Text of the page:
See the entire article, published at Integral Leadership Review, here.
We are in uncharted territory with the Ebola virus disease (EVD). The last time we had a plague that was this deadly was the Black Death in the 14th century, when there were only 450 million people in the world. That pandemic killed 30% to 70% of the population. There is no benchmark for EVD, which kills 3 out of 4 people it touches, and is emerging into a global population of 7 billion.
This pandemic signifies a turning point for society in response to peak oil, highlighting the problem of globalization for a planet of 7 billion people. We have lost control of a deadly outbreak, and our responses to its exponential growth are linear at best, ensuring that this plague will most likely spread further. Many in first world countries think we are immune to plagues. How might transmission of EVD change as it moves from a low-resource or low-transformity setting in West Africa to resource-rich (high-transformity) countries? How might the battle against this epidemic change as it breaks out into different environments?
“If the future is to remain open and free, we need people who can tolerate the unknown, who will not need the support of completely worked out systems or traditional blueprints from the past.” –Margaret Mead
Modern societies have developed as adaptations to a high-energy world by producing surpluses of non-renewable energies, especially in the United States. These complex, crumbling societies have developed a powerful system of centralized, top-down control system, with a widening gap in power and wealth from the mainstream, as the balance of power diverges even further between the haves and have-nots, with a hollowing out of the middle class. If we are to have any future society, it will be more cooperative and self-organizing one. What are self-organizing societies, and why should you be hoping for one as an alternative to the current emphasis on centralized control? How can we develop them? Continue reading Self-organizing societies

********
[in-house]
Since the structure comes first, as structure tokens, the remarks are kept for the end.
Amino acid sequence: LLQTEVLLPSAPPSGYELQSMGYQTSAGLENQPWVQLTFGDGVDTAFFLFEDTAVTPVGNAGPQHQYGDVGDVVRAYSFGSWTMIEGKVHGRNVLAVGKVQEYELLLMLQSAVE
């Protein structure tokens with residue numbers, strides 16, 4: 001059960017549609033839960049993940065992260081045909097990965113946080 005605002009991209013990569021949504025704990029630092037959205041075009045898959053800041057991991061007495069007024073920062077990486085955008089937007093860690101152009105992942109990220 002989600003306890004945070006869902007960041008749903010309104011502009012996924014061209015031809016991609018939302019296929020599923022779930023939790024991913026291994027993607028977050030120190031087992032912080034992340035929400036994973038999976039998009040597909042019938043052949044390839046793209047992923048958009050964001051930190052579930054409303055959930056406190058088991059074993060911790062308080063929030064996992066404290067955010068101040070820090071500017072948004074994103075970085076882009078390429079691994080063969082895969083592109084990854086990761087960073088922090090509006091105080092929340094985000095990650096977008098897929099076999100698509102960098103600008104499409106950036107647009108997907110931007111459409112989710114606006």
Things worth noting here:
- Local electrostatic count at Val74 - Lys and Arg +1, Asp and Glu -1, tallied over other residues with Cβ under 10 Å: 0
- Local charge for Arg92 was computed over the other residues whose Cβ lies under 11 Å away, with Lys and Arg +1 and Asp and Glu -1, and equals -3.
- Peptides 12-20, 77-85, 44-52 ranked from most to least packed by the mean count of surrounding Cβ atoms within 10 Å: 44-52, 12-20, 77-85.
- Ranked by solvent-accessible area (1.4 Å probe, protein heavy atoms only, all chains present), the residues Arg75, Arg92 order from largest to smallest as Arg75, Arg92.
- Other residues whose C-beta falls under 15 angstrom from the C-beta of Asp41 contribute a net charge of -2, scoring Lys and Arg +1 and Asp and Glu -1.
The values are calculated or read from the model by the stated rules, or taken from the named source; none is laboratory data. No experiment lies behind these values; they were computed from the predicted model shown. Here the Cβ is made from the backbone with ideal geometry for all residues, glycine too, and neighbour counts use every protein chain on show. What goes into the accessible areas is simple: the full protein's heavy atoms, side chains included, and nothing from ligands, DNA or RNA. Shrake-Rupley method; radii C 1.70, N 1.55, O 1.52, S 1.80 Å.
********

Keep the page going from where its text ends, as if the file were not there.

This is part two of a three-part series revisiting HT Odum’s classic Ambio paper on the 3Es, which was written 40 years ago for a special issue of the Royal Swedish Academy of Science’s Energy in Society issue (Ambio, 1973). The article was republished in Mother Earth News, and the reprint is still available online through Minnesotans for Sustainability. The first 10 points are covered in part one of the post series. Points 11-15 of the Ambio paper are extracted and quoted below; in this section of the paper Odum described the not-yet named field of ecological engineering, as well as energy quality (transformity), and the net energy of solar and nuclear energy. Continue reading Energy, ecology, & economics — part II
The more freedom we enjoy, the greater the responsibility we bear, toward others as well as ourselves. –Oscar Arias Sanchez